LETTER TO THE EDITOR OF LEONARDO
“[…] the apparatus does what man wants it to do, and men can only want to do what the apparatus can do. In fact: apparatus and man form a single functional unit.”
The article by Gottfried Jaeger on “Generative Photography”, appearing in your Vol. 19, No. 1, is dense, and it contains several fundamental ideas, to two of which I should like to comment.
(a) Reproduction versus production:
This ancient distinction between “mimesis” and “poiesis” is, as Jaeger's work shows, no longer valid. When photography was invented, people believed that it would permit an even more faithful reproduction of the objective world than the most “realistic” of paintings. Because apparently the objects impress themselves upon the sensitive surface of the film, like they do in fingerprints or footprints. Thus photos seem to be not “symbols” of objects, (conventional signs which mean them), but “symptoms” of objects, (signs caused by the objects themselves). As one began to consider photography more closely, however, it became obvious that a very complex codifying process goes on between object and photo: the rays reflected by objects are submitted to complex processes before they become an image. The non-objective, symbolical character of the photos became ever more conscious. Thus it became obvious that in photos, even more evidently than in painting, a codyfying, “sense-giving”, intention intervenes between image and object. Thus there is no such thing as a purely reproducing, mimetic image, and that there is a producing, poetic quality to every image. Jaeger takes advantage of this theoretical insight, and he attempts to accentuate the poetic parametre of image-making.
(b) Apparatus versus man:
Apparatus seem to be complex machines, which again seem to be complex tools, so that there seems to be no essential difference between using a brush and using a computer. Both are tools at the service of those who use them. This is not so. The relation between man and tool is different from the one between man and machine, and the one between man and apparatus. With tools, man is the constant, and the tool is the variable: man is surrounded by tools and he may exchange one tool for another. With machines, the machine is the constant and man is the variable: the machine is surrounded by man which may be substituted one for another. With apparatus there is an intricated co-relation of functions: the apparatus does what man wants it to do, and men can only want to do what the apparatus can do. In fact: apparatus and man form a single functional unit. Jaeger is one of those who understand this. He concentrates his attention at least as much on apparatus function as on his own intention. He knows that the problem is not so much of man “governing” apparatus, or apparatus “governing” man, but of a creative man-apparatus interaction. In this he contributes to the avoidance of the danger that automatic apparatus take over, and relegate men to mere apparatus functions.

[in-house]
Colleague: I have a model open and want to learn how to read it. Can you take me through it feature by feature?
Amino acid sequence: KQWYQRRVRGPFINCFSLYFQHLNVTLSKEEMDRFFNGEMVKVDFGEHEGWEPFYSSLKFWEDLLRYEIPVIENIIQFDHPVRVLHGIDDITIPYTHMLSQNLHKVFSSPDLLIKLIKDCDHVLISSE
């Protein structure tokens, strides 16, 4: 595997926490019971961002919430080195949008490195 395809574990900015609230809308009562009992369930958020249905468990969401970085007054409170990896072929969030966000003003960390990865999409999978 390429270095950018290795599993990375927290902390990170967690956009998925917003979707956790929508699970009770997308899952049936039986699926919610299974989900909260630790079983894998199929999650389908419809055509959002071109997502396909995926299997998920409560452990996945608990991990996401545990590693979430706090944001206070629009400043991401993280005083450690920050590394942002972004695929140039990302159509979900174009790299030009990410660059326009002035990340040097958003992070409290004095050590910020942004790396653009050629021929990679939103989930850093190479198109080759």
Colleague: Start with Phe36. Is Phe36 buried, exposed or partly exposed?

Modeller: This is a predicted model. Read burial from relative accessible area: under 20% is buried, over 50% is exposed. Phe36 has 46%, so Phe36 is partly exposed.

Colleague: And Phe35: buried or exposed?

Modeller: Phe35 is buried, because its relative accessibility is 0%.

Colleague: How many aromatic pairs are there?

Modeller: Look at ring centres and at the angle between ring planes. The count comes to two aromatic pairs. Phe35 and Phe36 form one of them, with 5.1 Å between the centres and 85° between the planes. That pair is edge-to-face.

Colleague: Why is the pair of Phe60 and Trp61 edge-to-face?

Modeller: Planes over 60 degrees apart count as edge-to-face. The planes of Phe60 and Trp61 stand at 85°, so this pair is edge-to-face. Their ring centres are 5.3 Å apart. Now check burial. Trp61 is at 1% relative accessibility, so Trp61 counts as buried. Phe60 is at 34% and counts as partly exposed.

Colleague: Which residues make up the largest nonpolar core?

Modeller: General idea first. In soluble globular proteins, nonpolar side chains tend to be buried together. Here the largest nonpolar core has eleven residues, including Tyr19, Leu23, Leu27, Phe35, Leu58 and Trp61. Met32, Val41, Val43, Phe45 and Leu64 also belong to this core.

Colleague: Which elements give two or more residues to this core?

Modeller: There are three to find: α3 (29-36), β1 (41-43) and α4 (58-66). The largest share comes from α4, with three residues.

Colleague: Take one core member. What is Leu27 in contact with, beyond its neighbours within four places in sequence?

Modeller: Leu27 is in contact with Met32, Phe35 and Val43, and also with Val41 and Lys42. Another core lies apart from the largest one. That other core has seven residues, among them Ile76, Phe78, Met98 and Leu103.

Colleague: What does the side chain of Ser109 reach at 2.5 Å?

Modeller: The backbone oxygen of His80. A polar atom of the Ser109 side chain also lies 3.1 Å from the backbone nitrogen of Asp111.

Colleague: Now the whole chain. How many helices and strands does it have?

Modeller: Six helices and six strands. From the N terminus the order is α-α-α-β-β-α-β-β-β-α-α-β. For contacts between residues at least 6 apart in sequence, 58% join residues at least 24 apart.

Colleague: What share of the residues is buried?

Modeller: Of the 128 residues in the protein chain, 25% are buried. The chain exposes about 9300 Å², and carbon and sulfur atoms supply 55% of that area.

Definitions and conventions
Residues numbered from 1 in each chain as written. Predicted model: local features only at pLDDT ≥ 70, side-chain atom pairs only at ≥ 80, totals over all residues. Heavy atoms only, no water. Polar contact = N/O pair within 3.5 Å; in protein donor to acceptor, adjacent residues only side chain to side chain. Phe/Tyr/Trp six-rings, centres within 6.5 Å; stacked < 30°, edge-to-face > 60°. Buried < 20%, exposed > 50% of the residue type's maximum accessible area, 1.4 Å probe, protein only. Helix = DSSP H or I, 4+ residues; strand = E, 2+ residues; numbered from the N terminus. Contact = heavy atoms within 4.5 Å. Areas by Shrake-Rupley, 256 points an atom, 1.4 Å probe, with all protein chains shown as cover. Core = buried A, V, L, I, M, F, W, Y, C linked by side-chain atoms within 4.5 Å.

Jaeger's work (and his theoretical considerations), are important steps on the way towards the emerging culture of images generated by apparatus.
January 31, 86.
2112 Berkeley Way, Berkeley CA 94704
Dear Liz Crumley,
thank you for your kind letter of January 13. I wrote to Lisa P. Bornstein on January 26 that I could write the letter on Gottfried Jaeger's article in March only. I now found the time to do it immediately. Please find it enclosed.
I hope that [??] it is what you expected from me. I know Jaeger well, (I gave lectures at his Bielefeld school), and I think I know the driving intention behind his work and his teaching. Therefore I hope that my letter will help your leaders to appreciate what he is doing.
Thanking you again for having invited me to write this comment,
I am sincerely yours,
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In this paragraph, Vilém Flusser articulates his theory of apparatus, as opposed to the classical machine, in a remarkably condensed manner. It is taken from a letter to Leonardo journal from January 1986, Flusser’s reaction to a Leonardo article (in vol. 19, no. 1) on the artist Gottfried Jäger. Flusser – the philosopher of the technical image – was very much interested in Jäger’s experimental generative photography. Taking the camera as particular apparatus as a starting point, Flusser formulated his general concept of apparatus in this letter. Here, the human operator is reduced to a “functionary” (Flusser) of the given programme operating hidden inside the black box which is the apparatus. According to Flusser, this techno-determinism can be countered by critical artistic practice, intervening in the programme of the apparatus – as a way to go beyond its interface surface into the darkness of the black box, in order to produce new, surprising results.
The letters are excerpts taken from the collection of the Vilém Flusser Archive (document number M60-62) and are published here with the archive’s, as well as Miguel Gustavo Flusser’s kind permission.
- Daniel Irrgang
Suggested citation: Flusser, Vilém (2018 ). “Letter to the Editor of Leonardo.” In Interface Critique Journal Vol.1. Eds. Florian Hadler, Alice Soiné, Daniel Irrgang. DOI: 10.11588/ic.2018.0.44747
This document is referenced in the Vilém Flusser Archive under M60-62. You can download the original here.
This article is released under a Creative Commons license (CC BY 4.0).
Vilém Flusser † (1920–1991) was a cultural philosopher and media theorist. Born and raised in Prague, he emigrated in 1939 to Brazil following the German invasion. After his appointment as a member of the Brazilian Institute of Philosophy (1962) he worked as a lecturer in communication science. He returned to Europe in 1972. Flusser published numerous books and countless contributions in magazines and newspapers. In 1991, he died in a car crash near the German-Czech border.